BCTF Bargaining 2019:
Our Kids and Their
Teachers are Worth Investing In
In February 2019, the BC
Teachers’ Federation began bargaining with the provincial government and the BC
Public School Employers’ Association, the group that represents school districts.
The BCTF’s goal is to negotiate a new collective agreement by June 30, 2019,
when the current one expires. Since there is a collective agreement in place
until then, these contract talks will not affect schools in any way.
What are BC teachers asking for?
Teachers work hard in busy,
diverse, and complicated classrooms every single day to give all students the
support they need. They deserve fair pay for their work. But over the past 16
years, teachers’ salaries in BC have fallen behind other provinces. This infographic shows BC teacher salaries compared with the rest of
BC needs to improve teachers’
salaries and offer other recruitment and retention initiatives to ensure our
schools and classrooms are properly staffed to support all students.
Class-size and composition improvements
After a long legal battle
against the former BC Liberal government, in 2016 the BCTF won a landmark
victory at the Supreme Court of Canada that restored class-size and composition
standards in our collective agreements. They had been unconstitutionally
stripped away by then education minister Christy Clark in 2002. That led to 15
years of teacher layoffs, cuts to specialist teachers, increased class sizes,
and fewer supports for children with special needs.
Now that those class-size,
class-composition, and staffing ratios are back, they need to be improved. In
many school districts, there are actually no standards for class-size in Grades
4–12 or for class-composition. That means some BC students and teachers don’t
have access to the same level of services
How does collective agreement language help kids and
Collective agreement standards
on class-size, class-composition, and staffing ratios drive increased supports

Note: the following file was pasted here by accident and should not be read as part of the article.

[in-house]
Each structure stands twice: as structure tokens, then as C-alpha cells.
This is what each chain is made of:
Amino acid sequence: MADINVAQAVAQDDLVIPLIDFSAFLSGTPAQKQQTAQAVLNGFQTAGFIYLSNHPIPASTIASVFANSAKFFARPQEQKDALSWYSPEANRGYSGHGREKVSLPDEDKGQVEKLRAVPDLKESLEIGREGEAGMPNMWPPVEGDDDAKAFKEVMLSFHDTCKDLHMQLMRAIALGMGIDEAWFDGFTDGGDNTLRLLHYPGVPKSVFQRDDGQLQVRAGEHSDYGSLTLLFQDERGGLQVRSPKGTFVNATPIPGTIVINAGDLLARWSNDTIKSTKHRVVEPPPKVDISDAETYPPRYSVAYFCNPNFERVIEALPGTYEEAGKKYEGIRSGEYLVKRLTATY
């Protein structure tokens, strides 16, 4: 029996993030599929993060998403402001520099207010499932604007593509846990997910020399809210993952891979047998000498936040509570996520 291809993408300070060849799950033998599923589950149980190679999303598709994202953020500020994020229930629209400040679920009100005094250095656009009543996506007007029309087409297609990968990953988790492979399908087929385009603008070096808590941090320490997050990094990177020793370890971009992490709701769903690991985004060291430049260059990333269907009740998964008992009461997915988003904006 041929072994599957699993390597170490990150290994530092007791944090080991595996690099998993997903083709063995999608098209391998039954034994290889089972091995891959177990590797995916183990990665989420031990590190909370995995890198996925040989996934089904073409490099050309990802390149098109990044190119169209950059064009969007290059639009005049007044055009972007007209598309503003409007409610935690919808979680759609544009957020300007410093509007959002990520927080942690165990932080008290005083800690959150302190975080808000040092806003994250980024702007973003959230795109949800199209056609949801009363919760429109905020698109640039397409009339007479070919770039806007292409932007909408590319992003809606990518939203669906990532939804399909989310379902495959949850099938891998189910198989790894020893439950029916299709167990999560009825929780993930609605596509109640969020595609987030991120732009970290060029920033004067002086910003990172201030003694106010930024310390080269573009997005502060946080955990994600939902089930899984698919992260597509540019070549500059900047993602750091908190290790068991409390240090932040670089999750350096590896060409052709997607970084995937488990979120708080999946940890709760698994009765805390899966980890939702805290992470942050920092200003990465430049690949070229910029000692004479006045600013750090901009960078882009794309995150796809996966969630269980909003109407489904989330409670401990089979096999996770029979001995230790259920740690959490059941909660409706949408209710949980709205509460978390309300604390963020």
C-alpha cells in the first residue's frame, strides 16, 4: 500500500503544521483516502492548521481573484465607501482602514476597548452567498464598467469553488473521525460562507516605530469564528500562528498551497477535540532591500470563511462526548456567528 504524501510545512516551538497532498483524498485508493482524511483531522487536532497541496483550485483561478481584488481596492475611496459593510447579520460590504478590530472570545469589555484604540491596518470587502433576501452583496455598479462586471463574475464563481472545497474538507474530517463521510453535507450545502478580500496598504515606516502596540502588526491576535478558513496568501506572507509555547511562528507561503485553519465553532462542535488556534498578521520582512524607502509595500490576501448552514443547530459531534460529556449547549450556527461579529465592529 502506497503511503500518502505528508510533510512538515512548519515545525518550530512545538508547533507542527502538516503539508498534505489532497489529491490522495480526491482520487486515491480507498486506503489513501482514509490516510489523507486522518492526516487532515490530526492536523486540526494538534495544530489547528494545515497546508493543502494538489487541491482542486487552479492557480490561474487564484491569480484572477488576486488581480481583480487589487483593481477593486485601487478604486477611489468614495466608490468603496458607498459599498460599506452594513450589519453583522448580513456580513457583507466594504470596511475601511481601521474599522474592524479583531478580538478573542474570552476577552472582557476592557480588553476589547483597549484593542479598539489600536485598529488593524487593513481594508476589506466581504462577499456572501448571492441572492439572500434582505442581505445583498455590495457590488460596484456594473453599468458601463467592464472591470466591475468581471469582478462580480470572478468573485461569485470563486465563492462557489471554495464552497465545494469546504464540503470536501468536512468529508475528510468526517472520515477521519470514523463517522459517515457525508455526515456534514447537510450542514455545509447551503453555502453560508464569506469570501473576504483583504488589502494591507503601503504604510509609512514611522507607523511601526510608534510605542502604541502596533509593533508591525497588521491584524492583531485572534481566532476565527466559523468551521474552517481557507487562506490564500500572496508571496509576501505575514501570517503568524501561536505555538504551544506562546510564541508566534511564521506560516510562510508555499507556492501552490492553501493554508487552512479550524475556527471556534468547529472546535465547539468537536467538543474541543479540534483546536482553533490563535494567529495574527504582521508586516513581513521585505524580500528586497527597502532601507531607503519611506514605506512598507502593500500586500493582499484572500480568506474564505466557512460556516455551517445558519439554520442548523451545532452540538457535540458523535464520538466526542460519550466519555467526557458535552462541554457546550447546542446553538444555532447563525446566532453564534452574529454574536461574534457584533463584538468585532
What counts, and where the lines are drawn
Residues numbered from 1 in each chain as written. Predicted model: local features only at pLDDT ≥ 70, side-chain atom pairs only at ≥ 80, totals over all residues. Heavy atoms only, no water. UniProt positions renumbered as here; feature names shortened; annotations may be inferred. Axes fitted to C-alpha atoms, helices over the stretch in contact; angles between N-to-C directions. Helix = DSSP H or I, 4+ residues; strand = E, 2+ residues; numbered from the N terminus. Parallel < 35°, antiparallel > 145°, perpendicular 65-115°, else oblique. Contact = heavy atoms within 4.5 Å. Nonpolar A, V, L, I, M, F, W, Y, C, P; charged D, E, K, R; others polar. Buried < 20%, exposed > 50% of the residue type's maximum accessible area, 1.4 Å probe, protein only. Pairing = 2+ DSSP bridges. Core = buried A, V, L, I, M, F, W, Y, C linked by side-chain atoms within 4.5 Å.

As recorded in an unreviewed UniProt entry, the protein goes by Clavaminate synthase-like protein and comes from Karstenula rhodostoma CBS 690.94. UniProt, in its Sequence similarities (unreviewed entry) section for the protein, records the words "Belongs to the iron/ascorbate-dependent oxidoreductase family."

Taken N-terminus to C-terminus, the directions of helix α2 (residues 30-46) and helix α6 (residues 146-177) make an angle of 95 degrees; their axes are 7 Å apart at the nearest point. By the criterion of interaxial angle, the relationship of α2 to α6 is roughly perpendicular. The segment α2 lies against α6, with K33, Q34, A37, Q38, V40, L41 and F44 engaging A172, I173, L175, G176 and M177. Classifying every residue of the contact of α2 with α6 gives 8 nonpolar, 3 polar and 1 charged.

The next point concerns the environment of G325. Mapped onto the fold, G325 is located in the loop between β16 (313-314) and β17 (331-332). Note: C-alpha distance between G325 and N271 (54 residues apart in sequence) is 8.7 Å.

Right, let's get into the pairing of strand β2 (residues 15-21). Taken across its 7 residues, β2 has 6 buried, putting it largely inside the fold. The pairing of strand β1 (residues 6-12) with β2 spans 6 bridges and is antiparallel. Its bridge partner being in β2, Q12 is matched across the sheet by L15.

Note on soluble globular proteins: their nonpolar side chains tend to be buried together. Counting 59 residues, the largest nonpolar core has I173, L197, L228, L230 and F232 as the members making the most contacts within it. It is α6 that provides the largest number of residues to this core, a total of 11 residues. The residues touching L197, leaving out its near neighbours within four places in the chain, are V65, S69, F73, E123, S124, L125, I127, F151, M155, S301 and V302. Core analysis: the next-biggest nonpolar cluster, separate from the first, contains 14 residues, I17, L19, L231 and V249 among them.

into schools. That means more teachers providing much needed services to
students, especially those with special needs.
When the BCTF’s stripped
contract language was restored by the court, the BC government was required to
create 3,700 new teaching positions. Class sizes got smaller and more
specialists like school counsellors, teacher-librarians, and special education
teachers started working with students. Without the collective agreement
provisions, those improved services are threatened. In addition, the standards
in the collective agreement are the “floor,” not the “ceiling.” With proper
government funding, supports for students can always be enhanced.
How is the teacher shortage affecting BC kids?
As of February 2019, there were
still more than 300 unfilled teaching positions in BC. With more than half the
school year completed, that means BC kids haven’t received all of the supports
they need. The shortage grows when you consider all the on-call teachers needed
to fill in for sick days and the historic number of unqualified and uncertified
individuals currently teaching in classrooms.
Throughout this school year
and the previous one, there were many instances when students with special
needs had their specific programs or instruction cancelled because of the
shortage. Too often, specialist teachers are being redeployed from their small
group or one-on-one work to cover classroom vacancies.
According to labour market
projection, BC is going to need 17,000 new teaching staff over the next decade
due to retirement and enrolment growth, so inaction will only make the problem
Watch and share the BCTF’s
latest television ad on Facebook and Twitter to help let the government know that our kids and
their teachers are worth investing in!